March 21, 2018

University of Calgary mourns passing of Calgary artist, alumna, friend and donor

Mackie legacy lives on through rich collections donated to Libraries and Cultural Resources

Author

Jennifer Sowa, Libraries and Cultural Resources

The June 2017 opening of Pressed: Four Decades of Prints by D. Helen Mackie, RCA in Nickle Galleries. Back row, from left: David Mackie, Becky Williams-Freeman, Jamie Mackie. Front row, from left: Brenda Mackie, Kerry Williams-Freeman, Dora Helen Mackie, Sandy Mackie, Leah Mackie. Photo by Dave Brown.

The June 2017 opening of Pressed: Four Decades of Prints by D. Helen Mackie, RCA in Nickle Galleries

Photo by Dave Brown

Dora (Helen) Mackie, BFA'73, member of the Royal Canadian Academy of Artists and admired printmaker, has left a legacy that will forever enhance the university’s collections, programming and engagement with audiences on campus and within the broader community. The well-known Canadian artist passed away on Feb. 18, 2018.

  • She is pictured above with her family. Back row, from left: David Mackie, Becky Williams-Freeman, Jamie Mackie. Front row, from left: Brenda Mackie, Kerry Williams-Freeman, Dora Helen Mackie, Sandy Mackie, Leah Mackie

Just last year, Mackie donated one of every print series she created over her studio career of more than four decades — in all, more than 350 prints using a wide variety of media, including etching, intaglio, woodblock and stencils. Individually and as a collection, the prints give testimony to the talent and dedication of this cherished artist.

Her prints were the foundation of last summer’s feature exhibition Pressed: Four Decades of Prints by D. Helen Mackie, RCA.

“Helen was so much a part of the art community in Calgary, as a collector but much more so as one of its most accomplished printmakers,” explains Christine Sowiak, chief curator at Nickle Galleries. “Her facility with the different processes, her beautiful drawing skills, came together with her genuine connection to all of her subject matter. She produced a body of work as accessible to all viewers as it is personal and reflective of her own rich life.”

Three years earlier, Mackie had donated to Nickle Galleries a collection of more than 130 drawings by Canadian artists, which formed the core of the 2014 exhibition Fine Lines: Drawings from the Nickle Collection and the Mackie Donation.

Ruffled Grouse, 1990, ed. 50, linoblock/paper. Featured in Pressed: Four Decades of Prints by D. Helen Mackie, RCA.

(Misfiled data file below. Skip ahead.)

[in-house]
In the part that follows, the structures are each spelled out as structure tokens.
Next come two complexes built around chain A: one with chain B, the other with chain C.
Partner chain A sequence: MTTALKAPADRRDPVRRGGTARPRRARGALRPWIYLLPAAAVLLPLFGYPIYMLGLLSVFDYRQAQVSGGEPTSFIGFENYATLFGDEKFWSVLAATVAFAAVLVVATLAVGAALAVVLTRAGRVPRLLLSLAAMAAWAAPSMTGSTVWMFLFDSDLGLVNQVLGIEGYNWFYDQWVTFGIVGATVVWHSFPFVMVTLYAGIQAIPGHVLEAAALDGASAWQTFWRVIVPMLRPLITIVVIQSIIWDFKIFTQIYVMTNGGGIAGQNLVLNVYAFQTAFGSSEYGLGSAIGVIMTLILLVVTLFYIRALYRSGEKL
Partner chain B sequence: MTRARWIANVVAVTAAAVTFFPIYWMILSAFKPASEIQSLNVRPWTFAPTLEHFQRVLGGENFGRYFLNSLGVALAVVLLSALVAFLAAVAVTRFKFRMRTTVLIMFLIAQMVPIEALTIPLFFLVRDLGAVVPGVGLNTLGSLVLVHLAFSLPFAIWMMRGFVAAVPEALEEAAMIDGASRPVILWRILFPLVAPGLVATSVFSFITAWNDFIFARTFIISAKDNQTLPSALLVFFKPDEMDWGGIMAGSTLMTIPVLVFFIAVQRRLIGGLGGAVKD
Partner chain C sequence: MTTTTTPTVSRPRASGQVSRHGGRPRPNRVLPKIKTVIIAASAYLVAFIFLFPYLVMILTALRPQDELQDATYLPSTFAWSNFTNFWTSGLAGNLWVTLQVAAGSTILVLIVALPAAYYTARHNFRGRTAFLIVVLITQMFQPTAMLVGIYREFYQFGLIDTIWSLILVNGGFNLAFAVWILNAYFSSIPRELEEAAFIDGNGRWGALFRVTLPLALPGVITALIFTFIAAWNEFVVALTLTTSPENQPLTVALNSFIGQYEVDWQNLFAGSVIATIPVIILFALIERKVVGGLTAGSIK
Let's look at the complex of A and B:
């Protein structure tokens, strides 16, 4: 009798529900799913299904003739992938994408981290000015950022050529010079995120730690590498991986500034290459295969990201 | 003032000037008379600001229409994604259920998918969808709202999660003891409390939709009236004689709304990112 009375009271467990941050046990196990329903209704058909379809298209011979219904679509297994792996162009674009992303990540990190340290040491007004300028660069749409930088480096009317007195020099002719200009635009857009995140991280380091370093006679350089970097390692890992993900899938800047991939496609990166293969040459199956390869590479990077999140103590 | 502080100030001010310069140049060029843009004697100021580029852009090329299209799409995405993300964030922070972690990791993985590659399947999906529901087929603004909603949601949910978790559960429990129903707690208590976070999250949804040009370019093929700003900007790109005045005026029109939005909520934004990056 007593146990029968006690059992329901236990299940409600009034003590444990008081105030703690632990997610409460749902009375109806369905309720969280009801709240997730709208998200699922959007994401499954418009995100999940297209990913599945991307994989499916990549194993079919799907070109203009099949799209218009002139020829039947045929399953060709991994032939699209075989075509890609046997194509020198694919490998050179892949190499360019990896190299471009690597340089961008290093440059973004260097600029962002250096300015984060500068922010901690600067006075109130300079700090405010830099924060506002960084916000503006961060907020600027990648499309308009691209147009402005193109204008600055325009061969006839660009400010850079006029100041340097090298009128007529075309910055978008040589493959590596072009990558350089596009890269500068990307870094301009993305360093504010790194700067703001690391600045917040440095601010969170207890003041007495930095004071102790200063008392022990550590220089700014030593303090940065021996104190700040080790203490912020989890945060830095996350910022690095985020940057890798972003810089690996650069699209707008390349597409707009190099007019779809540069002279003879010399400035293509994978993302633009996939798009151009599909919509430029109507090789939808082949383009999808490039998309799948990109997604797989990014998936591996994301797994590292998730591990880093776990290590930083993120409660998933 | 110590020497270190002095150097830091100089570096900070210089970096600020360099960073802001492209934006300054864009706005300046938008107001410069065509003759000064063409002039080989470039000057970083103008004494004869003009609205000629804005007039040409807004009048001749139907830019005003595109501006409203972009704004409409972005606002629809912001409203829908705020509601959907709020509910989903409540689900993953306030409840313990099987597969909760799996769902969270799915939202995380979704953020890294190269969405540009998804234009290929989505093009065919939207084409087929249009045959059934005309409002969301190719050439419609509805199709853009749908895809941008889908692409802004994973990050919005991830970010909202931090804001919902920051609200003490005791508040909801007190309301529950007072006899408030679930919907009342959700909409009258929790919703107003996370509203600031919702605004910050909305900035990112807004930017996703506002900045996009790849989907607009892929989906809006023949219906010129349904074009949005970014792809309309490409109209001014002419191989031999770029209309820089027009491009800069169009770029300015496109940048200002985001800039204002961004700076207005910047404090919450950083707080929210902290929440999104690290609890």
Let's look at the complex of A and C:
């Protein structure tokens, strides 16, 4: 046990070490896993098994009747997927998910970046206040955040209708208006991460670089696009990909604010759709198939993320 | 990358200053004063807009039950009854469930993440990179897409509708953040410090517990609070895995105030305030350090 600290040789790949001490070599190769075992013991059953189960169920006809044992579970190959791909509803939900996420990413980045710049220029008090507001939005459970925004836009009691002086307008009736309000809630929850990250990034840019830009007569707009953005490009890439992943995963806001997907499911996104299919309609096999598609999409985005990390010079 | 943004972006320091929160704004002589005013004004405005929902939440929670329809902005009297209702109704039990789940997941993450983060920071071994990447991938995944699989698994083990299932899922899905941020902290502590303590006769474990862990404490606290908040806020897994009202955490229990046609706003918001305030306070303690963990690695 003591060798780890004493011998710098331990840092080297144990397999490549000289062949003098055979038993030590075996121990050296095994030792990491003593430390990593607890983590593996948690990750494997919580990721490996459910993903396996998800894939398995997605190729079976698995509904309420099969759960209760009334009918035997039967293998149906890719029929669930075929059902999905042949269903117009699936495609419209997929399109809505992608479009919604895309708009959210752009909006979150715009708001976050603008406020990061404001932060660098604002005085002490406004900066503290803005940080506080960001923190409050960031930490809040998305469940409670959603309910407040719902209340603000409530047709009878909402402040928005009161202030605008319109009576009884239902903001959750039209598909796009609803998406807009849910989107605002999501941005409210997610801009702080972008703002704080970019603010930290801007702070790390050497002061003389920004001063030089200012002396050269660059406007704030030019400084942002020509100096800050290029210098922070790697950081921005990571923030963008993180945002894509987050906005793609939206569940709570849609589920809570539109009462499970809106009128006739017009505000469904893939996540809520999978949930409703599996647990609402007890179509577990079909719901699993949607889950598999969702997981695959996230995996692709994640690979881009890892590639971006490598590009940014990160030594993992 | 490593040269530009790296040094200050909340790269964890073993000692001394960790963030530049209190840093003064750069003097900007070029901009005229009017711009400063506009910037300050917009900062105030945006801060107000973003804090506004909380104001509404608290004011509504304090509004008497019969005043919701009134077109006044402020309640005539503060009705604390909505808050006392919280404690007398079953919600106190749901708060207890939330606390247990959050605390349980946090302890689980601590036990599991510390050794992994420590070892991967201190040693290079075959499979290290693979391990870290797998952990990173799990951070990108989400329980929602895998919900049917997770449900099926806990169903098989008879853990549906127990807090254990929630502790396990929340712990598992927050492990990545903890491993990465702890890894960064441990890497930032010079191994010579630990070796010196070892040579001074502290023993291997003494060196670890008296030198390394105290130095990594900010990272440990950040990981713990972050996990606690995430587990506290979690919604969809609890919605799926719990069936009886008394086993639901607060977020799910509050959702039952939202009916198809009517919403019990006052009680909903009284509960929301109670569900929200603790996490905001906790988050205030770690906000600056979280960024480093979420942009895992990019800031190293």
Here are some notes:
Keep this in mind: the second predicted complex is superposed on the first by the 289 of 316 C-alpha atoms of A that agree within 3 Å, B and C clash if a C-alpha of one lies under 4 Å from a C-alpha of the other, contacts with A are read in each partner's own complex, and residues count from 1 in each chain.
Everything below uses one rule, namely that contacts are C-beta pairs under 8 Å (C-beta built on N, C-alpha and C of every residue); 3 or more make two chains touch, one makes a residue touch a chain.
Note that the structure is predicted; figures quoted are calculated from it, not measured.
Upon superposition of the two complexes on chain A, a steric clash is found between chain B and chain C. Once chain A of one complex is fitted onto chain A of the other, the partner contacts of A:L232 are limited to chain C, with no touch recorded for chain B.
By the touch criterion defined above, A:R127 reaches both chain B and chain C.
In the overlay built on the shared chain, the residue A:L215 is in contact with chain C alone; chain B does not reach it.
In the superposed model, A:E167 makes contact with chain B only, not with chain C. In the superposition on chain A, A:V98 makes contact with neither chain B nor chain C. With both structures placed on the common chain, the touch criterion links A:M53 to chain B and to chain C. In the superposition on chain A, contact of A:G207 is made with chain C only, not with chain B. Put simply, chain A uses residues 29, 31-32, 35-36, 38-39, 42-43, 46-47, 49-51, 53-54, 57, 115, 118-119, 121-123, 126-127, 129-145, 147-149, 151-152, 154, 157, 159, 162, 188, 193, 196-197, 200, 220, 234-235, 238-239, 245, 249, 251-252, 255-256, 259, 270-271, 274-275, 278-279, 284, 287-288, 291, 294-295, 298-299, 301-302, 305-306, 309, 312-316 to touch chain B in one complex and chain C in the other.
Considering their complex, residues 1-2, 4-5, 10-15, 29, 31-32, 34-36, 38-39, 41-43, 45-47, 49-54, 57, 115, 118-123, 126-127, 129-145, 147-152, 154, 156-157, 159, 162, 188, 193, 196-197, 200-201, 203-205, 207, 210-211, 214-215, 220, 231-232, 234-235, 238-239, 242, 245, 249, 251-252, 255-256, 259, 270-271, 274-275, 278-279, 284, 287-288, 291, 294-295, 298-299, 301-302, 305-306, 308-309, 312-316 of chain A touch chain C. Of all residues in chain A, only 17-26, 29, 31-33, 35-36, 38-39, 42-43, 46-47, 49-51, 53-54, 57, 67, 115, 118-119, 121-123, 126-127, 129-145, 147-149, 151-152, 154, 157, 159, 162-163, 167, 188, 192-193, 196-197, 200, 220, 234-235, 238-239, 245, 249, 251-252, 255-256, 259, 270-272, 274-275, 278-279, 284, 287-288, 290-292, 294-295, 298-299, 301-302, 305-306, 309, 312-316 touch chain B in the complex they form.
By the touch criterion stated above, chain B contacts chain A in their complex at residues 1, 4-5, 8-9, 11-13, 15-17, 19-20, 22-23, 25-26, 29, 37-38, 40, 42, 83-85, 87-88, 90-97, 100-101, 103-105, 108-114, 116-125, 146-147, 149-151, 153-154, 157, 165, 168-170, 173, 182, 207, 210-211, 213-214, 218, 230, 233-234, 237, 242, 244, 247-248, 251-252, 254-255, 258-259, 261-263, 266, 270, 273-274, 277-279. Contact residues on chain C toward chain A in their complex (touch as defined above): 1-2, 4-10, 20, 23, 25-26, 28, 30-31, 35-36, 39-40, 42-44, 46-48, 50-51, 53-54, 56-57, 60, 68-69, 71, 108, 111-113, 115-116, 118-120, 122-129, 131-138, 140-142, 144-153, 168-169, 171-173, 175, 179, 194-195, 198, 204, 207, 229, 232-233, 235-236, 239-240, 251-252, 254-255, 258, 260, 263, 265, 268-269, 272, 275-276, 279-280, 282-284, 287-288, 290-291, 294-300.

Ruffled Grouse, 1990, ed. 50, linoblock/paper.

Featured in Pressed: Four Decades of Prints by D. Helen Mackie, RCA.

Over many years, Helen and James Mackie — who served on the university’s Board of Governors for two consecutive terms from July 1, 1980 to June 30, 1986 and as chair of the Nickle’s board — collected the drawings by more than 100 different artists, predominantly from Western Canada, spanning a period from the 1800s to today. The collection also includes works by artists from across Canada and the drawings range from preparatory sketches to finished works of art.

“We are eternally grateful for this donation of her personal collection, which is exceptional both for the quality of the art itself, and the importance of how it will be shared with the community. Helen and her family took great care to bring this collection to the university, where it will benefit students and researchers for generations,” remarks Sowiak.

In addition to strengthening the collections of Nickle Galleries, the Mackie family also donated the Mackie Family History of Neuroscience Collection, the majority of which is housed in the History of Medicine Room in the Health Sciences Library at the Foothills Campus. This collection of international significance contains nearly 2,500 books and journal articles spans over 350 years in the development of neuroscience. Highlights include Rene Descartes’s classic 1662 work De Homine and the rare first neurological text Cerebri Anatome, published in 1662, written by Thomas Willis — the “Father of Neurology” — and illustrated by Christopher Wren.

“The generosity of Helen Mackie and her family has strengthened the University of Calgary’s collections and will have a tremendous impact on the campus community well into the future,” says Tom Hickerson, vice-provost (libraries and cultural resources). “We are so proud to have exhibited Helen’s work in Nickle Galleries and it is an honour to be the custodians of the collections she donated to the university over the course of many years.”